South Sudan (MNN) — Cautious optimism surrounds South Sudan following Sunday’s meeting. The President and rebel leaders gathered in Sudan to sign a new peace deal. It’s the latest attempt to end South Sudan’s five-year civil war.
As described here, the peace deal outlines the structure of a transitional government and assigns executive positions to rebel leaders. It’s the second attempt in as many years at a power-sharing government.
South Sudanese citizens tell Reuters they hope that the peace deal will restore normalcy to their nation. The civil war has killed tens of thousands of people and one-third of South Sudan’s population is displaced.
Whether the peace deal holds or not, please keep South Sudanese believers in your prayers.
“In lots of places of the world, the government is either ineffectual in protecting its Christian population…or, they just lack the administrative know-how to create a safe society for their embattled minorities,” notes David Curry of Open Doors USA.
Case-in-point: Emmanuel Christian College.
Government soldiers attack Christian college
On May 14, 2018, around 7:30 am, soldiers from the presidential guard walked onto the ECC campus and began forcing their way into houses and looting the compound. Two soldiers raped a 14-year-old girl while her father, an ECC staff member, was organizing food for the soldiers.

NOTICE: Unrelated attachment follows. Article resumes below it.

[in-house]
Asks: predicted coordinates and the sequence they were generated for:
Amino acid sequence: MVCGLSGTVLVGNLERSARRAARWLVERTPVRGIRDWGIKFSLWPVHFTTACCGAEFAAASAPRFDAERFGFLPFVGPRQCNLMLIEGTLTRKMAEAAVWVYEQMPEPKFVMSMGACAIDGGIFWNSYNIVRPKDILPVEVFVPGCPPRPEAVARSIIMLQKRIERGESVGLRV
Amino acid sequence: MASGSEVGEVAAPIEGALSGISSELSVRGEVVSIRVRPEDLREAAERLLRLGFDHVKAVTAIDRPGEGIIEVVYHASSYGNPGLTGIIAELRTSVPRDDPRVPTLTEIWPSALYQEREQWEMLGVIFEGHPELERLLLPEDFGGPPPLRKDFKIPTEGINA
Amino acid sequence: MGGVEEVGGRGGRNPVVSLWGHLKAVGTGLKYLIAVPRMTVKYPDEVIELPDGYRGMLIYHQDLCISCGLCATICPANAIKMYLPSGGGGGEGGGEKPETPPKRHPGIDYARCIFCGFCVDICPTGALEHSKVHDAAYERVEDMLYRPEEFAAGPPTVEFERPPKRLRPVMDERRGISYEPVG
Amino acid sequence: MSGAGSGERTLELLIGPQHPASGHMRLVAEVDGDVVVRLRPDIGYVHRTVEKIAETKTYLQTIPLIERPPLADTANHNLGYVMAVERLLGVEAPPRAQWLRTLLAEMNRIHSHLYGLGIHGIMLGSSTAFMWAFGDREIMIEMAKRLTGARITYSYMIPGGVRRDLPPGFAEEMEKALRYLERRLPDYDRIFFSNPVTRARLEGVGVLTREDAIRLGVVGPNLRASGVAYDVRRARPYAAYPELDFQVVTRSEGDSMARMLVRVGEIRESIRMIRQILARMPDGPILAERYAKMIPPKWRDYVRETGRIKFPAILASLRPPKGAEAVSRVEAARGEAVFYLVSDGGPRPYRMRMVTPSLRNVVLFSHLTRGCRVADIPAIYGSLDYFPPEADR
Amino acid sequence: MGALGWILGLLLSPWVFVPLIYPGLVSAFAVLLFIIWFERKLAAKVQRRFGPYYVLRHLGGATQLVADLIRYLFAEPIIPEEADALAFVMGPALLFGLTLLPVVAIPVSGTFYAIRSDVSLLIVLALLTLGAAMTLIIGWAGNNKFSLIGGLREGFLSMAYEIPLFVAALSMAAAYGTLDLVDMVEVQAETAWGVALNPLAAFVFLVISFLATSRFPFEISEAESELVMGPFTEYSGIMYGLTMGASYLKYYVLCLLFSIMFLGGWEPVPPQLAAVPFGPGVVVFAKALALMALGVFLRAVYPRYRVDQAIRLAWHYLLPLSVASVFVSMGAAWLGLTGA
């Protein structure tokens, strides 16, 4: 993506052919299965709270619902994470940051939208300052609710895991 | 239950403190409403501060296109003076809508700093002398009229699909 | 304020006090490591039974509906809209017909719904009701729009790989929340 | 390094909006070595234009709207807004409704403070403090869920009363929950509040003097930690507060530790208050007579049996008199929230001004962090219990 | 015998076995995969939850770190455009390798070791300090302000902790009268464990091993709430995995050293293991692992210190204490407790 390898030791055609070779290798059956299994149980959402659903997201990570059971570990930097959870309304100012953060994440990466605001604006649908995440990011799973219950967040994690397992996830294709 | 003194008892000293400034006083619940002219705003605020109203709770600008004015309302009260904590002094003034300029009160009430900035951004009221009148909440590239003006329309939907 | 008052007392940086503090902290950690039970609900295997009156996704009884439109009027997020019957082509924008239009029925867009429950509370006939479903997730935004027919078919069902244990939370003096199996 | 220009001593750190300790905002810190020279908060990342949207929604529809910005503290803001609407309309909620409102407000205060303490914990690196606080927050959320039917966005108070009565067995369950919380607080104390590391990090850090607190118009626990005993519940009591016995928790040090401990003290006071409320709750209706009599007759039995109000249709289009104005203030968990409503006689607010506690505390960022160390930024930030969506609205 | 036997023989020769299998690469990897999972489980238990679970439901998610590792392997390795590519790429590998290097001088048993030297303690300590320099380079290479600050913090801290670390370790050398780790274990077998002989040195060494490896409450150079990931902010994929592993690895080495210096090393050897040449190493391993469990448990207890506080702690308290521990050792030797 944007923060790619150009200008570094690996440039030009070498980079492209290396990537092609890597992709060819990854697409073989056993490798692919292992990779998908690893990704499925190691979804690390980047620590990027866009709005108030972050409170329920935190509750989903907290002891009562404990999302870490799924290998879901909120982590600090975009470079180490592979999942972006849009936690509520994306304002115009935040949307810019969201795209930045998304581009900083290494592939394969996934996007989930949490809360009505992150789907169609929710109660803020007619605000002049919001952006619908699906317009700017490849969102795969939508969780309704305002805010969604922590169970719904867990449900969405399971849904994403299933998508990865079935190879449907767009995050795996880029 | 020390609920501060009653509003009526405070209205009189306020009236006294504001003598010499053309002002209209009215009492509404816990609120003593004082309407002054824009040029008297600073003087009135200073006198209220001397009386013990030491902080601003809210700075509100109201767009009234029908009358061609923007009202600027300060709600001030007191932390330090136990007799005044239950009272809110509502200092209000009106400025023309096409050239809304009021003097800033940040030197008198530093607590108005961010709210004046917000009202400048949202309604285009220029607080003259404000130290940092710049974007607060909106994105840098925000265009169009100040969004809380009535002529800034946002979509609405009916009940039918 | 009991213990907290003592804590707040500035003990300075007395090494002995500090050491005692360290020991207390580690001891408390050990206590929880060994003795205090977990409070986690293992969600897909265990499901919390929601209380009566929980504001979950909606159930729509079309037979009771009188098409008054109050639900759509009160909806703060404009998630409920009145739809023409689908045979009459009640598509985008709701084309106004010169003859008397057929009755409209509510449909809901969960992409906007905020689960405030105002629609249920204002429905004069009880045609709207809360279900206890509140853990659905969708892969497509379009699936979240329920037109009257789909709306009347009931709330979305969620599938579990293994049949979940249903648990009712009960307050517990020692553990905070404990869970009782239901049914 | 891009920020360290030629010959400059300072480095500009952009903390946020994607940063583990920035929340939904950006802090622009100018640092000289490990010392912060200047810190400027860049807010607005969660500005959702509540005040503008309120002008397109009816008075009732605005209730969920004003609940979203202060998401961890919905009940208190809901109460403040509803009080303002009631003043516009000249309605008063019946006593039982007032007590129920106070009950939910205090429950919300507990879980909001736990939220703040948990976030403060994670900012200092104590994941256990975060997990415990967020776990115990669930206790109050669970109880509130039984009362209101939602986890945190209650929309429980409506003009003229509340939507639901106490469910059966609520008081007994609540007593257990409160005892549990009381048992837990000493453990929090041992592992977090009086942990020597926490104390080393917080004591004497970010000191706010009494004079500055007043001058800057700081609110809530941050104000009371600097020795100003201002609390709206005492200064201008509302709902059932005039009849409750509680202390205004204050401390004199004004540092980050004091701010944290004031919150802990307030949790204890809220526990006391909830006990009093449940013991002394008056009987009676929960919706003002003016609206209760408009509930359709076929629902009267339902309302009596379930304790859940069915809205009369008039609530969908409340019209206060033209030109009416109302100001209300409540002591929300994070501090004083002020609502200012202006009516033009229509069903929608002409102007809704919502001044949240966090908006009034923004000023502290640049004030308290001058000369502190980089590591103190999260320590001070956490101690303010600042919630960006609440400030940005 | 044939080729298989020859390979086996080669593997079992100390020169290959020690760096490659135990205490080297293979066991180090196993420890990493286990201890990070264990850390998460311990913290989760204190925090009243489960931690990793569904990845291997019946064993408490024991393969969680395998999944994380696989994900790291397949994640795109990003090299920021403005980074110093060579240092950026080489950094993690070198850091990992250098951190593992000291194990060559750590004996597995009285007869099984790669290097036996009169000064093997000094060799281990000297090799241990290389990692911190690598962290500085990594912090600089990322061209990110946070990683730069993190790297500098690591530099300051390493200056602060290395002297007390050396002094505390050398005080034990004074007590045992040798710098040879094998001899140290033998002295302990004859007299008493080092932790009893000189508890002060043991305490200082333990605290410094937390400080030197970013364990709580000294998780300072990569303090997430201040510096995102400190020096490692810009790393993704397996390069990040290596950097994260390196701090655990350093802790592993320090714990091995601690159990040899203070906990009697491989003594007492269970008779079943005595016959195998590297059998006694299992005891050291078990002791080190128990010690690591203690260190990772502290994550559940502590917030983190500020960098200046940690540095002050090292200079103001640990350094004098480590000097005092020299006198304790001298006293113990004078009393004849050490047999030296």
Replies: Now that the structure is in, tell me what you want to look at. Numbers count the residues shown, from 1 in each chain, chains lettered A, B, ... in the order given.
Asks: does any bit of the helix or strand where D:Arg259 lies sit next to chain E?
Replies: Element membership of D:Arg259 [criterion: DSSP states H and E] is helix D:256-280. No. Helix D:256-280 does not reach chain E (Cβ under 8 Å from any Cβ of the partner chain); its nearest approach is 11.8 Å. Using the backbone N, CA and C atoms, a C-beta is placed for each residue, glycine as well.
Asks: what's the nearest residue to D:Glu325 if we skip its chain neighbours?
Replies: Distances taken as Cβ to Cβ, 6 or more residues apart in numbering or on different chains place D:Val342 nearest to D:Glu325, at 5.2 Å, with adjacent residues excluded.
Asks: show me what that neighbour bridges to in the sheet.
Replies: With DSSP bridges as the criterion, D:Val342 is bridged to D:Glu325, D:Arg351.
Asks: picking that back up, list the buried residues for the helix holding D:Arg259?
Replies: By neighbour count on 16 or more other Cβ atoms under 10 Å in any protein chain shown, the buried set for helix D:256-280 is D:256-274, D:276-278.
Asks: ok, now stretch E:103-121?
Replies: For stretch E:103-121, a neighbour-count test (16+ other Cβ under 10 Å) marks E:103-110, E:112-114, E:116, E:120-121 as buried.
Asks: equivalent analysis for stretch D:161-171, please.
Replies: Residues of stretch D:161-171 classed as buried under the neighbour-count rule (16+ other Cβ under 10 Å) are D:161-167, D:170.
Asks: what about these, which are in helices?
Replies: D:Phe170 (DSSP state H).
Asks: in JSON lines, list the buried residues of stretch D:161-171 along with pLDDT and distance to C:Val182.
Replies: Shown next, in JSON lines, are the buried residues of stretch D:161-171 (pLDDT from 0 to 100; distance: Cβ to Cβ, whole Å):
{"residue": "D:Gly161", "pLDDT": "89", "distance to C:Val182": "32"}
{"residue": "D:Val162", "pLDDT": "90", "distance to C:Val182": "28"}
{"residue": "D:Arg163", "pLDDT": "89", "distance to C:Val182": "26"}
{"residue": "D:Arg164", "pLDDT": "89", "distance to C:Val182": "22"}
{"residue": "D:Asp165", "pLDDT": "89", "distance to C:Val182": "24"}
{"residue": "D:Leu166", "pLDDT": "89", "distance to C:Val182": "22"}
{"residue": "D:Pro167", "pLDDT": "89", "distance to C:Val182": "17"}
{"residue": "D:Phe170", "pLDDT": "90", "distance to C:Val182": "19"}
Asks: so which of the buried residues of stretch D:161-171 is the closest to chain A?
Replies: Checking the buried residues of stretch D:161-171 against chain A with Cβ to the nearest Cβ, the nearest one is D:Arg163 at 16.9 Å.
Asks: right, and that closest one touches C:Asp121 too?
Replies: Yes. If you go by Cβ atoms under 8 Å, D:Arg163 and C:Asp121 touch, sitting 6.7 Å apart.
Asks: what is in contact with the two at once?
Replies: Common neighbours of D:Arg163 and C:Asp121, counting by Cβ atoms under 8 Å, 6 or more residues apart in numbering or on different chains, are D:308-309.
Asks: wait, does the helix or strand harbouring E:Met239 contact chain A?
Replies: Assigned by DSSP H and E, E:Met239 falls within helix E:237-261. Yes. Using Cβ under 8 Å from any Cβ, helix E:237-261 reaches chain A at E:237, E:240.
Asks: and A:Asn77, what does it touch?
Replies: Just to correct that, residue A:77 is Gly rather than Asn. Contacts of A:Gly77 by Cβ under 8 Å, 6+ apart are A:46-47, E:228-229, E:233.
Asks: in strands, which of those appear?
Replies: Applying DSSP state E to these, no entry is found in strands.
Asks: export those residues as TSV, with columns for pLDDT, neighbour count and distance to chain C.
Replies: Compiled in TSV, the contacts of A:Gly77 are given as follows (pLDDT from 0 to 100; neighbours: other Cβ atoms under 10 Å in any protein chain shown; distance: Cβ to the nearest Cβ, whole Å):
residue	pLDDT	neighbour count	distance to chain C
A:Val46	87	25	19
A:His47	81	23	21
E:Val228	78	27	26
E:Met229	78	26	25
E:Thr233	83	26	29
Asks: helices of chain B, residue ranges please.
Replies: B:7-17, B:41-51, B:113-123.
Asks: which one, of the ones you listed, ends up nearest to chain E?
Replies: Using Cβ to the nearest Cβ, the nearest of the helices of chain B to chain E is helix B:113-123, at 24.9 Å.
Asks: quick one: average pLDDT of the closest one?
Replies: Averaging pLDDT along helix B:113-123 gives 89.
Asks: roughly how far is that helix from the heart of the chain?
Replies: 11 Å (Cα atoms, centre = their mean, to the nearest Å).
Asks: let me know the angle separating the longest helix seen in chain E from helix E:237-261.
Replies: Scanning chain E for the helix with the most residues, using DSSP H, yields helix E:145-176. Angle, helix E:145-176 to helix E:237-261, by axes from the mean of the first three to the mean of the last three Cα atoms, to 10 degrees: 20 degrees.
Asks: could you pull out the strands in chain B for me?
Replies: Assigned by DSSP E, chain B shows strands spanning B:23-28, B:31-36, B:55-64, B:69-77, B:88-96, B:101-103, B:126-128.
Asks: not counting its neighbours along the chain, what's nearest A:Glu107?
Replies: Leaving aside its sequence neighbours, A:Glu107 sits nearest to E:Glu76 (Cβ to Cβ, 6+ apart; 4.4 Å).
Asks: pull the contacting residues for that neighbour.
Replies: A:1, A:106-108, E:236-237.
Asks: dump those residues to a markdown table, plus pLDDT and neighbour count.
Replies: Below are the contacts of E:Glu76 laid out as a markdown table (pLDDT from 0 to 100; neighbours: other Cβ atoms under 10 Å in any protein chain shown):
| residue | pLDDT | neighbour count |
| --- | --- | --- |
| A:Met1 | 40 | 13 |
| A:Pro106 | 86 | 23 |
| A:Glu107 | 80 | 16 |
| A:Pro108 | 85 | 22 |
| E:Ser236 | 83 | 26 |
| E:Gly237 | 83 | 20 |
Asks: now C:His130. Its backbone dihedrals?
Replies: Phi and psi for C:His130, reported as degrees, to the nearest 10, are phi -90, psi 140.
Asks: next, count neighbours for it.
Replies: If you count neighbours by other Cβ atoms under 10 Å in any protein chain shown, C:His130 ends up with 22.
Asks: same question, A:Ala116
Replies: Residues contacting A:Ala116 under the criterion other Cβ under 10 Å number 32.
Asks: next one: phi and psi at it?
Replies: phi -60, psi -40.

Soldiers began leaving the compound about 12 hours later, but gathered at the Goli primary school (just outside the college compound) and opened fire. By the time they left, soldiers had killed 10 people. A few days later, the soldiers returned to Emmanuel Christian College and stayed for another three days.
Staff are hoping to re-open ECC this month for the fall semester, but they’re not sure if they can trust the government.
“They’re saying that they’re going to promise protection,” Curry says. “However, the nature of this attack…makes you wonder about the validity of the government.
“There were things perpetrated upon these folks that leave scars.”
That’s why Open Doors is helping the local church and ECC leaders put together a Trauma Care Program.
“We like to go in and not only deal with the practical elements of this school that’s been attacked, but…we [also] need to take care of the emotional needs of these Christians who are under such great stress.”
Healing can only begin when the violence ends. Please surround South Sudan and Emmanuel Christian College with continued prayers.
“Pray for the staff, if and when they can return in August. Pray that justice would be done,” Curry requests.
“Pray for the work of the Holy Spirit in the hearts of those who perpetrated these acts of violence, that they would come to know Jesus.”
Header image courtesy Open Doors USA.